[OPE] Dollar Crisis in the Making ... because of ...China???

From: Gerald Levy <jerry_levy@verizon.net>
Date: Mon Mar 23 2009 - 08:10:42 EDT


> China Business
> Mar 18, 2009
> Page 1 of 2
> China inoculates itself against dollar collapse
> By W Joseph Stroupe
> This article concludes a three-part report.
> PART 1: Before the stampede
> PART 2: The not-so-safe haven
> There is mounting evidence that China's central bank is undertaking the
> process of divesting itself of longer-dated US Treasuries in favor of
> shorter-dated ones.
> There is also mounting evidence that China's increasingly energetic new
> campaign of capitalizing on the global crisis by making resource buys
> across the globe may be (1) helping its central bank to decrease exposure
> to the dollar, while (2) simultaneously positioning China to make much
> greater profit on its investment of its reserves into hard assets whose
> prices are now greatly beaten down, while (3) also affording it greatly
> increased control of strategic resources and the geopolitical clout that
> goes with it. This is turning out to be a win-win-win situation for China
> as it capitalizes upon the important opportunities afforded it by the
> present global crisis.
> The exact size and the precise composition of China's huge forex reserves,
> the exact degree of China's exposure to the dollar and its viable options,
> if any, in decreasing that exposure are matters of intense interest,
> because China's policies in this regard could have gargantuan implications
> for the US and the global financial systems and for the dollar.
> One of the foremost experts who continues to research and track these
> matters is the highly respected Brad W Setser, a Fellow for Geoeconomics
> at the prestigious Council on Foreign Relations in New York. His work is
> providing significantly deeper insight into the size and composition of
> China's reserves and is affording the world a better view of that
> country's options in managing its reserves going forward and what the
> implications of those options might be.
> Another expert whose ongoing work is also adding very important, deeper
> insight into such matters is the highly respected Rachel Ziemba, lead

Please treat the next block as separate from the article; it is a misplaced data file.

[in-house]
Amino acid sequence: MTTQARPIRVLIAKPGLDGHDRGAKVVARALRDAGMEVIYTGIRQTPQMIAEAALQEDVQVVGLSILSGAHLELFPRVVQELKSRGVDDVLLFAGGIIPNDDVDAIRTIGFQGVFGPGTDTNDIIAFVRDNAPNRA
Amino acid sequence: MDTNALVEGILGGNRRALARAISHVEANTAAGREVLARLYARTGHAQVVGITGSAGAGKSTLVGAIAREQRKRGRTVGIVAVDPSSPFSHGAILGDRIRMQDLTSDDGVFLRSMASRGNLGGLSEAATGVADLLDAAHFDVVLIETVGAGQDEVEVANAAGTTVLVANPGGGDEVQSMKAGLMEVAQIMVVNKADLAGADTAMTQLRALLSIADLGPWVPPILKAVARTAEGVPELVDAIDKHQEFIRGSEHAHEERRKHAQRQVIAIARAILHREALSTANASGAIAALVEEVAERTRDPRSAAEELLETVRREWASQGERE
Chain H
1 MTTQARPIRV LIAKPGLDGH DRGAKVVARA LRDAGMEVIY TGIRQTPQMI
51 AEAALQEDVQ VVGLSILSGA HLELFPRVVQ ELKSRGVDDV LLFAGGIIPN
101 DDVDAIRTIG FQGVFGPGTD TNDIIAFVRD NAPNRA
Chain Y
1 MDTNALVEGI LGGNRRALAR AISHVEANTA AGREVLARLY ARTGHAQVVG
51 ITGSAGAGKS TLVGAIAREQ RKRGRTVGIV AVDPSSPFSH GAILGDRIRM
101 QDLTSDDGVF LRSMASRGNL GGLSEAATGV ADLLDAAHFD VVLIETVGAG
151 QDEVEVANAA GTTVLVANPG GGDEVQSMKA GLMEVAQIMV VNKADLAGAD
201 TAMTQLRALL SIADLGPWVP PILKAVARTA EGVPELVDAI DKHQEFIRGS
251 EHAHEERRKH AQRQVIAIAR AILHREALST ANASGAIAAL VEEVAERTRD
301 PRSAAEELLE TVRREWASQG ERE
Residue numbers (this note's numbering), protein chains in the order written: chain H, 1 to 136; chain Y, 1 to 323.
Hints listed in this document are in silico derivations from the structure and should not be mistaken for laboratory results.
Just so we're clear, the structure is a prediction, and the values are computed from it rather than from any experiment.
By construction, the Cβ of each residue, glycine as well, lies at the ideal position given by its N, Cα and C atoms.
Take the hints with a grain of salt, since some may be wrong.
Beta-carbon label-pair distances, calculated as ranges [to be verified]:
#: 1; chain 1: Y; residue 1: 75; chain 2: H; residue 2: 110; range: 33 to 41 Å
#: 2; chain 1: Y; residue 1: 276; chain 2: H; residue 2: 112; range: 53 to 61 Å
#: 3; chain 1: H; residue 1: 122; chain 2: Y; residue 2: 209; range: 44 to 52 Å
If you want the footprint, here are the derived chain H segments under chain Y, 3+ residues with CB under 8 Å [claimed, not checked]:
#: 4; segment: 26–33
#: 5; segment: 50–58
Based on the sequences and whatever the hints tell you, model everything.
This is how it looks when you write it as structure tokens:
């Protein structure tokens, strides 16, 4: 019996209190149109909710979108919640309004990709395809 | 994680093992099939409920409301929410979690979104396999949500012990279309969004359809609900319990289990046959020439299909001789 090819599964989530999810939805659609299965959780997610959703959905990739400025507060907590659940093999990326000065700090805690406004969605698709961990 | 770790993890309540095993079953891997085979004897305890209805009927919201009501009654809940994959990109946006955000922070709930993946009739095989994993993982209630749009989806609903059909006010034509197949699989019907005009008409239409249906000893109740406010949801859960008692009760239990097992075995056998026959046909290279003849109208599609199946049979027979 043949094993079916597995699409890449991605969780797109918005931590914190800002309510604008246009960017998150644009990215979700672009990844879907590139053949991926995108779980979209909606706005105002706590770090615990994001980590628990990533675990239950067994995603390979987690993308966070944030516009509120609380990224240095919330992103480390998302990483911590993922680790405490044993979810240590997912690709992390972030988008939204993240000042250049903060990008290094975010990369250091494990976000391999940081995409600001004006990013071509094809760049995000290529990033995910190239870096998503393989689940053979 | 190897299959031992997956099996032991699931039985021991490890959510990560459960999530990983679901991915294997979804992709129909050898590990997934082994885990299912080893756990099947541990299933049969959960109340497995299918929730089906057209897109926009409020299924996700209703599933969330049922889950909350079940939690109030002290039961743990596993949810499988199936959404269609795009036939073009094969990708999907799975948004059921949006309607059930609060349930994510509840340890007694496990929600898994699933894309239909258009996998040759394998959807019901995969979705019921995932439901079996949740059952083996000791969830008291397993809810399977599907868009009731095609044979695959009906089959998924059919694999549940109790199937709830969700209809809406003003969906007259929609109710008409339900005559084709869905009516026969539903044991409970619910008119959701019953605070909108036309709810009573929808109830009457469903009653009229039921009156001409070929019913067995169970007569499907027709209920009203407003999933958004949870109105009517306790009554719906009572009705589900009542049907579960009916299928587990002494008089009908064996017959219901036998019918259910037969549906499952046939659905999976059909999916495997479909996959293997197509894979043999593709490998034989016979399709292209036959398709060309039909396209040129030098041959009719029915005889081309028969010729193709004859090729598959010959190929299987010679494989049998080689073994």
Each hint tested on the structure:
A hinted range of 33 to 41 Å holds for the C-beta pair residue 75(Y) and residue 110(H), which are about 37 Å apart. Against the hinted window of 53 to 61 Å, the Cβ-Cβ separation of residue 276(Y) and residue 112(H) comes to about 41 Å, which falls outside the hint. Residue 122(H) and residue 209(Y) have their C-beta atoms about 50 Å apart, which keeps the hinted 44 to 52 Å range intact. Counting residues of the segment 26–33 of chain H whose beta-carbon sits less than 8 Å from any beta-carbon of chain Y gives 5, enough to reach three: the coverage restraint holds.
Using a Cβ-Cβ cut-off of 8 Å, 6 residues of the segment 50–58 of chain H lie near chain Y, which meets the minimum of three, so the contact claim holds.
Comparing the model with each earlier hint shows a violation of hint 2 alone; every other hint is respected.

> analyst on China and the oil exporting economies at the prestigious RGE
> Monitor, founded by Nouriel Roubini.
> Drawing on the work of these two experts, let's examine the matter of the
> likely size and composition of China's forex reserves and its investment
> options going forward, and the probable implications of those options for
> the dollar.
> The first issue is to determine the actual size of China's foreign
> exchange reserves. Its central bank officially confirms the current figure
> of about US$1.95 trillion. However, Setser's work reveals that China's
> actual reserves are significantly higher and may actually be as high as
> $2.4 trillion, according to his latest figures [1]. About $2.2 trillion of
> this total figure is easily identifiable, according to Setser, with the
> remaining $200 billion being his estimate of the amount currently held in
> China's state banks.
> As for the issue of the composition of these reserves and its total
> exposure to the dollar, the most recent Treasury International Capital
> (TIC) report by the US Treasury has China's holdings of Treasuries at $696
> billion as of the end of 2008. However, Setser's research indicates
> China's total holdings of US Treasuries is likely to be more than that
> figure, since some of the purchases of Treasuries by the UK and Hong Kong
> should actually be attributed to China's central bank. China also holds US
> government-sponsored agency debt (Fannie Mae and Freddie Mac paper) and
> corporate bonds, but the recent TIC reports indicate its central bank has
> been steadily divesting itself of these assets in favor of short-dated
> Treasuries.
> As for China's purchases of Treasuries over the most recent three months
> (October - December of 2008), note this statement from Setser:
> And over the past three months, almost all the growth in China's
> Treasury portfolio has come from its rapidly growing holdings of
> short-term bills not from purchases of longer-term notes.